European Union ministers on Thursday sought ways to curb irregular immigration and send more people away as arrivals rose from pandemic lows, reviving controversial ideas for border fences and asylum centres outside of Europe.
EU border agency Frontex reported some 330,000 unauthorised arrivals last year, the highest since 2016, with a sharp increase on the Western Balkans route.
“We have a huge increase of irregular arrivals of migrants,” Home Affairs Commissioner Ylva Johansson told talks among the 27 EU migration ministers. “We have a very low return rate and I can see we can make significant progress here.”
Denmark, the Netherlands and Latvia were among those to call for more pressure through visas and development aid towards the roughly 20 countries – including Iraq and Senegal – that the EU deems fail to cooperate on taking back their nationals who have no right to stay in Europe.
Only about a fifth of such people are sent back, with insufficient resources and coordination on the EU side being another hurdle, according to the bloc’s executive.
The ministerial talks come ahead of a Feb. 9-10 summit of EU leaders who will also seek more returns, according to their draft joint decision seen by Reuters.
“The overall economic malaise makes countries like Tunisia change from a transit country to a country where locals also want to go,” said an EU official. “That changes things. But it’s still very manageable, especially if the EU acts together.”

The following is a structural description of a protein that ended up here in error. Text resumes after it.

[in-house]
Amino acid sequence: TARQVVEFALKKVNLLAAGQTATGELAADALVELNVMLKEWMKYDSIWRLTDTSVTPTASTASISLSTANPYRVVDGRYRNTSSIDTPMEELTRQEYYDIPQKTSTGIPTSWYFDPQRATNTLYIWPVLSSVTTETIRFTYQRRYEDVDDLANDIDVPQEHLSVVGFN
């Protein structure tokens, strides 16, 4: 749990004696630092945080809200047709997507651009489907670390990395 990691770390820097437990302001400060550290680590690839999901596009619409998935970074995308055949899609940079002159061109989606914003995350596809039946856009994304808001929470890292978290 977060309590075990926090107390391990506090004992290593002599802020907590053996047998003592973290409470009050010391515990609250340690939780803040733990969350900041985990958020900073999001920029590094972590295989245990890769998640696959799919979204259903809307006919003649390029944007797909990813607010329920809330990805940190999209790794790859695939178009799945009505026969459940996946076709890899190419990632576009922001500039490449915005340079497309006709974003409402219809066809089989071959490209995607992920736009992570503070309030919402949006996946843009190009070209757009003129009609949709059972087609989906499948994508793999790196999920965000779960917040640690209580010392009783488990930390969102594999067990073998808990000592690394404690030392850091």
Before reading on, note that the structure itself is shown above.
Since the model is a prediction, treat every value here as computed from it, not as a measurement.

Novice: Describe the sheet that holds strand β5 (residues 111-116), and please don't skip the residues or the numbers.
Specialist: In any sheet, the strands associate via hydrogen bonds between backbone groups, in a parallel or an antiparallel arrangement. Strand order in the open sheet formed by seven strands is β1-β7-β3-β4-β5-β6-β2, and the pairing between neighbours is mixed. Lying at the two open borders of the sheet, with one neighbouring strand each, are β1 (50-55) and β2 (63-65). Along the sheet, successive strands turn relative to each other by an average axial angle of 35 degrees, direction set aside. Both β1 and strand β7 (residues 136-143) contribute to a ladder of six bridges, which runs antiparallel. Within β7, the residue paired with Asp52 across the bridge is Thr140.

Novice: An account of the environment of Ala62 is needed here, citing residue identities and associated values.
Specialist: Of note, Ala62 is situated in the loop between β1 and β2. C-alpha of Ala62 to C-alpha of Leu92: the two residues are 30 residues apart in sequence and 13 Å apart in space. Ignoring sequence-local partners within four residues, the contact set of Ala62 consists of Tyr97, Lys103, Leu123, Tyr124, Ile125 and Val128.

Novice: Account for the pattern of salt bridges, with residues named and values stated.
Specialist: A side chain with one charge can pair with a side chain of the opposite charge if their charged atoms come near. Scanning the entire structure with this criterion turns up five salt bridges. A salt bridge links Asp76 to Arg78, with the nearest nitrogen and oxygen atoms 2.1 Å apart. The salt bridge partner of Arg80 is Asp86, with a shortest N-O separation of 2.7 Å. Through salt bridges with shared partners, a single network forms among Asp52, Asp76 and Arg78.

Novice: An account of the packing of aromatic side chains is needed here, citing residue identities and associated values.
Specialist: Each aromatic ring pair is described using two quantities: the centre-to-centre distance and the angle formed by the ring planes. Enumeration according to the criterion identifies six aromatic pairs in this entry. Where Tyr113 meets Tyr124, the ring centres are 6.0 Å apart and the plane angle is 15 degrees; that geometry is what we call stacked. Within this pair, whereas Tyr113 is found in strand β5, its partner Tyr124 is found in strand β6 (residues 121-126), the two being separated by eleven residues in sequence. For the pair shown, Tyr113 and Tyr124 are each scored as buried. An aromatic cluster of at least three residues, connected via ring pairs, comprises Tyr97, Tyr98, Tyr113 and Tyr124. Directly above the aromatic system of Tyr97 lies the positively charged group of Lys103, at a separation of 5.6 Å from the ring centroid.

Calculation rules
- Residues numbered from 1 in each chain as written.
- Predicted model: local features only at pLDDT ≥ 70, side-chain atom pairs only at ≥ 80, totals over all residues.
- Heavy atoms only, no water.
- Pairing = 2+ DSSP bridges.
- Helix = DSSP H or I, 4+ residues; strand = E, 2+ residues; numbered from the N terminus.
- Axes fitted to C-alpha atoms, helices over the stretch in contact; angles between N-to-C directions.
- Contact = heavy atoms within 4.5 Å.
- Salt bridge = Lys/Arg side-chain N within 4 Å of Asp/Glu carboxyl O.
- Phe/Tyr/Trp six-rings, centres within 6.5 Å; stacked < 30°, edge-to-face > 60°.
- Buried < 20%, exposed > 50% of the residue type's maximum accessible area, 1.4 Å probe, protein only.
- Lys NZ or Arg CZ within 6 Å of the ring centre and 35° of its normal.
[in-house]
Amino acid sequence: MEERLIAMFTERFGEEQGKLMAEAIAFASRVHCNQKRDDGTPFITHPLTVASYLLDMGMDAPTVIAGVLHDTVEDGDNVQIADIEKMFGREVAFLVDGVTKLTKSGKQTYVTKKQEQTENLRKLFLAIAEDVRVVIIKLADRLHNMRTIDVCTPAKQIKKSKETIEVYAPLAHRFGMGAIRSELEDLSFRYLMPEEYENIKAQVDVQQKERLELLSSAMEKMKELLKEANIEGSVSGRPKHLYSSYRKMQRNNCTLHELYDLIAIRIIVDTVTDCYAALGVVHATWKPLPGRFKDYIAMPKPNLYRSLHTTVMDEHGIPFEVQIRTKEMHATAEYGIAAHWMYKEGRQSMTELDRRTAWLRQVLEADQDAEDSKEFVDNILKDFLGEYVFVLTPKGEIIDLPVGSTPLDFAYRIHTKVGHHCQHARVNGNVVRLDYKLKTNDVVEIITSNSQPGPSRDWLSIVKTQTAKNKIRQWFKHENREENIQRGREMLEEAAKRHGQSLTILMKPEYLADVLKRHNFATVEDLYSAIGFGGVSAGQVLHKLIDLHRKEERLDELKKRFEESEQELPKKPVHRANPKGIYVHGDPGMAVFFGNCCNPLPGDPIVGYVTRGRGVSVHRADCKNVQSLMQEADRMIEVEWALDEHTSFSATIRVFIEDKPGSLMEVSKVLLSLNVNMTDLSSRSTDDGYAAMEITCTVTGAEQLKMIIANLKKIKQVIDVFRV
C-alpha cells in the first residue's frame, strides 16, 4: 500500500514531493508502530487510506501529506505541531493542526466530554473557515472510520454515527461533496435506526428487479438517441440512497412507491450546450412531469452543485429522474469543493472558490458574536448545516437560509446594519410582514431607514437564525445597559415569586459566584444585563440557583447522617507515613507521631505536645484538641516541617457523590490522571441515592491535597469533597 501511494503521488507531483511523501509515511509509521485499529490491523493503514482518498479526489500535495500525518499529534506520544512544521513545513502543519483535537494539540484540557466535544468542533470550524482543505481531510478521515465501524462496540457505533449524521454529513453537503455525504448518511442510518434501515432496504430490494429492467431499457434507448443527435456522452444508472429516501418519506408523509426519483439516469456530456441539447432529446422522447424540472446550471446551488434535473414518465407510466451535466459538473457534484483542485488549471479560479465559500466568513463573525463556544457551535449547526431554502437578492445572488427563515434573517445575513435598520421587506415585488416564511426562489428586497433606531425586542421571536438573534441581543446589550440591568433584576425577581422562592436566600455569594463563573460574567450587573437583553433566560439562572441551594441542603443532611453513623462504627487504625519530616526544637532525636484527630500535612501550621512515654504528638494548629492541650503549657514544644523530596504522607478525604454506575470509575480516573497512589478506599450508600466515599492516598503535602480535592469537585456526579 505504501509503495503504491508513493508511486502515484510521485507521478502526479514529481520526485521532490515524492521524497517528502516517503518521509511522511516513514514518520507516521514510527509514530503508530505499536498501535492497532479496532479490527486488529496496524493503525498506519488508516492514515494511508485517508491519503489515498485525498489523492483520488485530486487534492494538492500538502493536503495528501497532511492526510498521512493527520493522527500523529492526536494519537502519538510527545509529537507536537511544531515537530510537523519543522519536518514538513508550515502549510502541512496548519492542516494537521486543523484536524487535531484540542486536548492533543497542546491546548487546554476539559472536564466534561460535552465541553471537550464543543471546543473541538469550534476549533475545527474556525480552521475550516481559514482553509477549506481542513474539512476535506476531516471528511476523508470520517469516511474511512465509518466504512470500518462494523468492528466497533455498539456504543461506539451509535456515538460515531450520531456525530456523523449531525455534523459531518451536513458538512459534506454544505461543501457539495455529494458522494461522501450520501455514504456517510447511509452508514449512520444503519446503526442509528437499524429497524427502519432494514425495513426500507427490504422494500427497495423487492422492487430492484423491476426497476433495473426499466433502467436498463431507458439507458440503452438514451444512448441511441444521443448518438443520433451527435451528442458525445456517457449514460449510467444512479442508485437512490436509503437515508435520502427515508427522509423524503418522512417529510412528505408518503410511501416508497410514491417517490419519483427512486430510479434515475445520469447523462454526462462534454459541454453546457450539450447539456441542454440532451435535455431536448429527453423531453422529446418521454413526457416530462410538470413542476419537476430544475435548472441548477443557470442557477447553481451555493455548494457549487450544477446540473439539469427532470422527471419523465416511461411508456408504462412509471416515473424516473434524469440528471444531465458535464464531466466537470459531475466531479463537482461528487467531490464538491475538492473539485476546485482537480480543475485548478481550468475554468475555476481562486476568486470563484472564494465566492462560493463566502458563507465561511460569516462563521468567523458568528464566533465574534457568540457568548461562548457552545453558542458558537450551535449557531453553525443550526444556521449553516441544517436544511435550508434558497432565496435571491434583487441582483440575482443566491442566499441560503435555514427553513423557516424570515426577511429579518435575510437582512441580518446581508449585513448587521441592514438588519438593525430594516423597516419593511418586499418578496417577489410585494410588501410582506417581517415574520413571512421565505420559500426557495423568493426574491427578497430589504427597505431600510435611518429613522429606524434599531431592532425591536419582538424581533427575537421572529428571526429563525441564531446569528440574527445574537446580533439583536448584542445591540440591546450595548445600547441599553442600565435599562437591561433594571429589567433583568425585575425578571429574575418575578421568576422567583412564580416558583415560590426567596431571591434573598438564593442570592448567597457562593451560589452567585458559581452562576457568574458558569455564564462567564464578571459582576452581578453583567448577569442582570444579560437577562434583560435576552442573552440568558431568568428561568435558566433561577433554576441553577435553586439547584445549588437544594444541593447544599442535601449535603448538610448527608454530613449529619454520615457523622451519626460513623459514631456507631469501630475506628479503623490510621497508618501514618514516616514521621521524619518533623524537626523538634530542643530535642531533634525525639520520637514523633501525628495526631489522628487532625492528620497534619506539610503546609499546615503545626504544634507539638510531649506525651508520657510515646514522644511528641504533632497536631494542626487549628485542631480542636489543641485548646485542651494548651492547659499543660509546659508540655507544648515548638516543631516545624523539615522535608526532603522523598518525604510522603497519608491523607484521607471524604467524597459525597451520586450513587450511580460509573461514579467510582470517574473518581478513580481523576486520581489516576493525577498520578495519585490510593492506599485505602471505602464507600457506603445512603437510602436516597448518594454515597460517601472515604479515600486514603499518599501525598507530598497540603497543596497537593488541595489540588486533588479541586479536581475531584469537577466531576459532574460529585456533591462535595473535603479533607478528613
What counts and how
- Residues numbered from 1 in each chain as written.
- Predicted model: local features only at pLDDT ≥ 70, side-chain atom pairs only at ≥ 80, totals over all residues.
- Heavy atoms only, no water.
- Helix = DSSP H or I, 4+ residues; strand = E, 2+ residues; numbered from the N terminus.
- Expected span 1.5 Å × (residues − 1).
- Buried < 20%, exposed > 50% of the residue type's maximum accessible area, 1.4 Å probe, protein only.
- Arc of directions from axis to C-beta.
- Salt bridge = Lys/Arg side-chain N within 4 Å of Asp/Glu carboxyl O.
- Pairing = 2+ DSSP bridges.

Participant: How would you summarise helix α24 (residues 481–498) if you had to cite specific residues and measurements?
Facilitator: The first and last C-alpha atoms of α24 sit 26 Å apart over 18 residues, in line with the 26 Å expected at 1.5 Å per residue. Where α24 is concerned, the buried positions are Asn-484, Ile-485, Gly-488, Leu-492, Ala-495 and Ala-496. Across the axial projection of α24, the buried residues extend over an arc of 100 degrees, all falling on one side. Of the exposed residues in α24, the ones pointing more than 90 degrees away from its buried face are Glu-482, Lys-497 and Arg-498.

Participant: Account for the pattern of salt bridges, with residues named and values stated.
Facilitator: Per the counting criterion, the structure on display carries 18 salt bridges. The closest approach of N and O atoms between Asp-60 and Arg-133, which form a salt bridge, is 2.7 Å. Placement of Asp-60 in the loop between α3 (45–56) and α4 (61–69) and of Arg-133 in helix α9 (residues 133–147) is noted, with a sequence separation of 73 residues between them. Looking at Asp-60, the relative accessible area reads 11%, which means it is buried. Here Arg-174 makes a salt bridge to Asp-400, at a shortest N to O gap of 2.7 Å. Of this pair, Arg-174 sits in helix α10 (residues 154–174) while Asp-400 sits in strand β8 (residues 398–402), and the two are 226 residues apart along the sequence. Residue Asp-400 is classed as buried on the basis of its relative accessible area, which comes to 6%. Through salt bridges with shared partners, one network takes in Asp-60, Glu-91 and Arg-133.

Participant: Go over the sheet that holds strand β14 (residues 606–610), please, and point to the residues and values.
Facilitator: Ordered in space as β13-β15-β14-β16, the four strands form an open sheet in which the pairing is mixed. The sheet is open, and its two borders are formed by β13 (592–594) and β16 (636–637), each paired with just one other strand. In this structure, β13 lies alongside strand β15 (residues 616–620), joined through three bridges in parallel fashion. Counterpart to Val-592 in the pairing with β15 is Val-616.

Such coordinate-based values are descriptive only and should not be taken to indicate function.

‘WALLS AND FENCES’
That, however, is easier said than done in the bloc, where immigration is a highly sensitive political issue and member countries are bitterly divided over how to share the task of caring for those who arrive in Europe.
The issue has become toxic since more than a million people crossed the Mediterranean in 2015 in chaotic and deadly scenes that caught the bloc off guard and fanned anti-immigration sentiment.
The EU has since tightened its external borders and asylum laws. With people on the move again following the COVID pandemic, the debate is returning to the fore, as are some proposals previously dismissed as inadmissible.
Denmark has held talks with Rwanda on handling asylum applicants in East Africa, while others called for EU funds for a border fence between Bulgaria and Turkey – both ideas so far seen as taboo.
“We are still working to make that happen, preferably with other European countries but, as a last resort, we’ll do it only in cooperation between Denmark and, for example Rwanda,” Immigration Minister Kaare Dybvad said on Thursday.
Dutch minister Eric van der Burg said he was open to EU financing for border barriers.
“EU member states continue making access to international protection as difficult as possible,” the Danish Refugee Council, an NGO, said in a report on Thursday about what it said were systemic pushbacks of people at the bloc’s external borders, a violation of their right to claim asylum.
While EU countries protest against irregular immigration, often comprising Muslims from the Middle East and North Africa, Germany is simultaneously seeking to open its job market to much-needed workers from outside the bloc.
“We want to conclude migration agreements with countries, particularly with North African countries, that would allow a legal route to Germany but would also include functioning returns,” Interior Minister Nancy Faeser said in Stockholm.